The Week-Long “Witch” and Clickbait Media

Yesterday I saw an article written by a British author about how she apparently tried being a witch for a week. It was offensive and stupid in a way that would have made the Daily Mirror proud. Today (and sadly all too predictably), seemingly anyone and everyone who’s ever gotten their witch on is mad about this article.

But (and please don’t take this the wrong way), why do we care what this individual thinks?

Not All Challenges Are Worth Fighting

This article wasn’t some amazing takedown of anyone’s lives. It was little more than clickbait masquerading as a so-called ‘enlightened’ and pro-science point about wider society. It was a collection of cheap shots against groups of people who already face discrimination in society. Rather than emerging as a ‘defender of science’, Ceri Bradford cast herself as the ‘mean girl’ that would be more at home in a schoolyard picking on the kid she hopes can’t fight back.

I mean, let’s face it. It’s not like any of us clicked on that link without even the tiniest sneaking suspicion that we were going into yet another mocking article about witches. That photo of her in a pointy hat was a dead giveaway; her facial expression reminds me of every drunk woman who ever picked a fight over nothing outside a kebab shop at 2 am.

And that’s what I think she’s doing here. I think she’s attempting to create drama because it will get her more clicks, more likes, and possibly lead to more work. I think she knew her work was going to cause upset, but I think she’s fine with that. Moreover, I suspect that no amount of complaining or appeals to decency will make her apologize or even feel vaguely bad (though it would be nice to be wrong here).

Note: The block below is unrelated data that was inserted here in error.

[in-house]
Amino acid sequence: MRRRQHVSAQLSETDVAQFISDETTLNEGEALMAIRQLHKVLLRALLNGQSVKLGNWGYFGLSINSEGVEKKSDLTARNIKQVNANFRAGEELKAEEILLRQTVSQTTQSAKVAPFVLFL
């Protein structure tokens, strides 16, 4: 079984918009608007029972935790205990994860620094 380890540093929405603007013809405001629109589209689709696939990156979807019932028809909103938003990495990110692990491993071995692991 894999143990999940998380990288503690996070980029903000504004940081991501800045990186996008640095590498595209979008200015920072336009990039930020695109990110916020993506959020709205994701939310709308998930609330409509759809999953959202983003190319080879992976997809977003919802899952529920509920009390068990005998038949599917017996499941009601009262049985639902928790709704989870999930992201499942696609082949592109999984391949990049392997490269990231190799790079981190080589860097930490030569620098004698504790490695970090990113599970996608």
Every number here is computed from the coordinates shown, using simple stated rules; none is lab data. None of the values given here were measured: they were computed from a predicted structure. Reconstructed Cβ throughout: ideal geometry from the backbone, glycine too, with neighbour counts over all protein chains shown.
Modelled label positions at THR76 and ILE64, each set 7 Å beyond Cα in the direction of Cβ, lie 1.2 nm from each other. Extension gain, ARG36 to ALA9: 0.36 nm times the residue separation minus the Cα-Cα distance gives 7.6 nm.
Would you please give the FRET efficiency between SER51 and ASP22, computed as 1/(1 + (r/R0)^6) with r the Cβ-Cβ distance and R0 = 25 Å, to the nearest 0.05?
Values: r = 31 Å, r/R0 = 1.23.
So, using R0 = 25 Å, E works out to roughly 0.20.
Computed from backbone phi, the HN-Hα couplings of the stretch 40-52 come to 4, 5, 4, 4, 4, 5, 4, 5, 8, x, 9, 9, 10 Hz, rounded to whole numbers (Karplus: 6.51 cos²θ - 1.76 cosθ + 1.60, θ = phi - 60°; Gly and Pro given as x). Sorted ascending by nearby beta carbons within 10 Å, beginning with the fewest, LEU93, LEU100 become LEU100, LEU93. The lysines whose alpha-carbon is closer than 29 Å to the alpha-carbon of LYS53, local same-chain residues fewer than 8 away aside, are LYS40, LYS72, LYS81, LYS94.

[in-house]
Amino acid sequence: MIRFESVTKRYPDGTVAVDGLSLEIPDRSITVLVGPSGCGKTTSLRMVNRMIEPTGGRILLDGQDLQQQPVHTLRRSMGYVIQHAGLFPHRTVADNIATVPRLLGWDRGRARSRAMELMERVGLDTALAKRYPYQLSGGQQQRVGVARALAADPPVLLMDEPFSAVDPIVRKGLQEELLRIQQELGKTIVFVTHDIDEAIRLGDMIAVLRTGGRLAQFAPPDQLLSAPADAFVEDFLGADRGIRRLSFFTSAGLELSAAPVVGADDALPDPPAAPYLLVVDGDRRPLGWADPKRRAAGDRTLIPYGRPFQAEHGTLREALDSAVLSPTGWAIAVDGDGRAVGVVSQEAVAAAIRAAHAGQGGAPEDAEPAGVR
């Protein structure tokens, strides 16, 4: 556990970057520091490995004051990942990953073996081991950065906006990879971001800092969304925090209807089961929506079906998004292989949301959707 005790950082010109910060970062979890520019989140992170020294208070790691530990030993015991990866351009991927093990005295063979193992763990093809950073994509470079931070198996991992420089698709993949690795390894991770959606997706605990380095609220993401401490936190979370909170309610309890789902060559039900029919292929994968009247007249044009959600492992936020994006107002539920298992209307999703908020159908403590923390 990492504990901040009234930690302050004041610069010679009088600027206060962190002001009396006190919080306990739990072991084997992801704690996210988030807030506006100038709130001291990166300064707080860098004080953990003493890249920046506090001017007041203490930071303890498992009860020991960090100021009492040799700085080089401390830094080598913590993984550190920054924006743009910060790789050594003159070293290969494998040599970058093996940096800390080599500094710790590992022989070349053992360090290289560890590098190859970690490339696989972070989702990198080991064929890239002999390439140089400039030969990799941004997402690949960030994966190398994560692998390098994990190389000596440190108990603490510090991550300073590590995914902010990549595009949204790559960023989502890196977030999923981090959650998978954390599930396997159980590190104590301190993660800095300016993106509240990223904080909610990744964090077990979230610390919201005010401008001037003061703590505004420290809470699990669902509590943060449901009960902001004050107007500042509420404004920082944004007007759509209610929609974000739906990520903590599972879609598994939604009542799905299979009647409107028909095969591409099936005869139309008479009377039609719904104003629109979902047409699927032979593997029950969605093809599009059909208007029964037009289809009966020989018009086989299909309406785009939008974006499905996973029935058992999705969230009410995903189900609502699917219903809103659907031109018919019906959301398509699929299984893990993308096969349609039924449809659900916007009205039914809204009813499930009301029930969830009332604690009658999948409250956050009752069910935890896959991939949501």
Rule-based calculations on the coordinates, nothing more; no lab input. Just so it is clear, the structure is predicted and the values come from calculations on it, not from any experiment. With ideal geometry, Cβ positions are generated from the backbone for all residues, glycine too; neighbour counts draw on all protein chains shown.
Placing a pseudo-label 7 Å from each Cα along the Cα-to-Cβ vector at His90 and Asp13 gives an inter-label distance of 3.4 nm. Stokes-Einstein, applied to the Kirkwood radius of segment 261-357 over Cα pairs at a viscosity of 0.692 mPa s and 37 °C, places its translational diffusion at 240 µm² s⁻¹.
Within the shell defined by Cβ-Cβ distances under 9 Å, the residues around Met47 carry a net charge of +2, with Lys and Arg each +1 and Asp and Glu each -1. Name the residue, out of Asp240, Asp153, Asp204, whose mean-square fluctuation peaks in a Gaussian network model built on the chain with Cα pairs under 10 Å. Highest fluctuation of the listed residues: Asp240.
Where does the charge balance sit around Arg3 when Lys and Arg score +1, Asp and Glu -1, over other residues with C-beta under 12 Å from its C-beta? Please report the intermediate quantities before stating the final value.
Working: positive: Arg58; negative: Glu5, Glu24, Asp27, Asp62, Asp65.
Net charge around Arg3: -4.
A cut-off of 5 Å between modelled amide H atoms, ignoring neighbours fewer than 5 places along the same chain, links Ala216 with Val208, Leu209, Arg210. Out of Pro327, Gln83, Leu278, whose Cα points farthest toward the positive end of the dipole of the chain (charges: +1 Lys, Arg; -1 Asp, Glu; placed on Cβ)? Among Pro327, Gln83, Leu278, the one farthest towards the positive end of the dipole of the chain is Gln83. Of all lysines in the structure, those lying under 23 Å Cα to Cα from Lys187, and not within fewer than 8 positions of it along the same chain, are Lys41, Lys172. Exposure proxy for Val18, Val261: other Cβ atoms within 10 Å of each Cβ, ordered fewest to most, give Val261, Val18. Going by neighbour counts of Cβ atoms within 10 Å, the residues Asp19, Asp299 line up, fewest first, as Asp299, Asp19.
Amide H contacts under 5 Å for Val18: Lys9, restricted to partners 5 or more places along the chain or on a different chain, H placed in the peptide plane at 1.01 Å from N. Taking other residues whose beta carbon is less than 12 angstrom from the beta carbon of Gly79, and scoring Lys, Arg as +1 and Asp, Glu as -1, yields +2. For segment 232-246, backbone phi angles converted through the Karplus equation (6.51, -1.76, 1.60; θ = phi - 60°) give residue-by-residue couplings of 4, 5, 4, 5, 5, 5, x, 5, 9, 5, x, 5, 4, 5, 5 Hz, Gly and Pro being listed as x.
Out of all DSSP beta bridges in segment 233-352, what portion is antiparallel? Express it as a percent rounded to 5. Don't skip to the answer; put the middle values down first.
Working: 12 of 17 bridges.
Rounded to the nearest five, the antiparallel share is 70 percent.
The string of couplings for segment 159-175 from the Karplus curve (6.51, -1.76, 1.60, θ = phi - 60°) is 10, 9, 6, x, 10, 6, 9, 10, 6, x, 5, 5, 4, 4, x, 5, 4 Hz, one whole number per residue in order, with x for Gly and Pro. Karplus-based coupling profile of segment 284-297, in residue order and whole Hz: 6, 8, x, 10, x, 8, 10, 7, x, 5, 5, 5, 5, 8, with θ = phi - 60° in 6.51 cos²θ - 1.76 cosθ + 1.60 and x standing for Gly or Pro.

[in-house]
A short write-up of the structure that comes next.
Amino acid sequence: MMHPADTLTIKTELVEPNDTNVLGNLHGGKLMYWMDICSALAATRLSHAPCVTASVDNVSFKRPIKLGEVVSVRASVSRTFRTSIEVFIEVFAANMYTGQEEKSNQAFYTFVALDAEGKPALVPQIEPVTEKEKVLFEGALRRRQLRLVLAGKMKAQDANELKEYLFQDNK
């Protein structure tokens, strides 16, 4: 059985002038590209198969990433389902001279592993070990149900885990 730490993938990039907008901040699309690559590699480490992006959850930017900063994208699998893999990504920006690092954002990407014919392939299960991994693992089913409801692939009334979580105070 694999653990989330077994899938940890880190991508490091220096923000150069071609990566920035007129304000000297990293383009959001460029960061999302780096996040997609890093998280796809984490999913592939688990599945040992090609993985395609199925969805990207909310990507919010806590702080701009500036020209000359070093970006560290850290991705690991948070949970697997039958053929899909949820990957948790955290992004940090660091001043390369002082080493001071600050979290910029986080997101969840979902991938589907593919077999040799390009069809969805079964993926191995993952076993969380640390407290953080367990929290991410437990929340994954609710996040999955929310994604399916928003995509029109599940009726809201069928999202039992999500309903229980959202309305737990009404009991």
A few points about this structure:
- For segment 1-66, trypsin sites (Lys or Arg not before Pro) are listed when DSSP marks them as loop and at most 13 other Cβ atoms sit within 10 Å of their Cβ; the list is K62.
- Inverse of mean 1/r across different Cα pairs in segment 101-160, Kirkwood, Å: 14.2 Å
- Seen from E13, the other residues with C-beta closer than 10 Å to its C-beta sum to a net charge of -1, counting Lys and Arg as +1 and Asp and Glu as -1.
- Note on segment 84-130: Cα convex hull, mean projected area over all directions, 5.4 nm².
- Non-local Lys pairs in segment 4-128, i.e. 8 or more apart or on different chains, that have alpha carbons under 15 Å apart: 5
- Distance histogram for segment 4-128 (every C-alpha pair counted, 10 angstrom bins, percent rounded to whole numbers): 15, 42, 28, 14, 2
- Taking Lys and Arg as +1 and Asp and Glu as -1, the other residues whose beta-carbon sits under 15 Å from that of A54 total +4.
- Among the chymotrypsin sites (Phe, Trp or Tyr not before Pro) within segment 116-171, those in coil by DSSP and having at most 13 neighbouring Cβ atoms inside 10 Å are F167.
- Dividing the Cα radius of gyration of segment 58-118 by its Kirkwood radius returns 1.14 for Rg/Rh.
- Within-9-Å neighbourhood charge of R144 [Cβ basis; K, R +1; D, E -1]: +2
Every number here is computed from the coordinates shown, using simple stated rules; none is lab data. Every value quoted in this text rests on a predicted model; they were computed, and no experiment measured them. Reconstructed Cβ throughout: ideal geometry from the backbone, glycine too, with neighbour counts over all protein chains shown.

Target Selection for Bullies 101

The fact of the matter is that she could have made her alleged point about the rise in unscientific beliefs (if she even really cares about that) without punching down. After all, it’s not like virgin births, prayer (which is often magical in nature), resurrection of the dead, and transubstantiation are scientific either. Yet aside from the slight mention of religion in a general sense, she reserved all of her ire and mockery for those of us of minority faiths and practices.

In other words, she stuck to the people she doesn’t think can hurt her emotionally, legally, or professionally. She probably knows that rather than garnering a bunch of lol reacts, any article leveling that same style of mockery at Christianity would be met with disdain and/or censure.

And that, in my opinion, makes her a coward.

Oh Hai,Silver Lining!

Hit articles like this are nothing new in the UK press. I’m honestly surprised she wasn’t writing for the Daily Mail considering their long tradition of publishing hit pieces against Pagans and witches. And if anything, in a world of growing

Real photo of me playing ‘Witchcraft: The LARP’. Just kidding. I might print it out and send it to Ceri Bradford and pretend it’s me though!

evangelical zeal, I’d rather more people think us harmless and deluded than able to effect change using magic. Life is safer for us that way.

(I’m seriously considering getting her a card thanking her for helping to reinforce the idea we’re all just weirdos rather than minions of Satan, hellbent on taking down the nation with foul magics.)

So again, why do we care what she thinks? Why is her opinion worth anything to any of us? Perhaps the best responses to this are the ones she’d never see coming.

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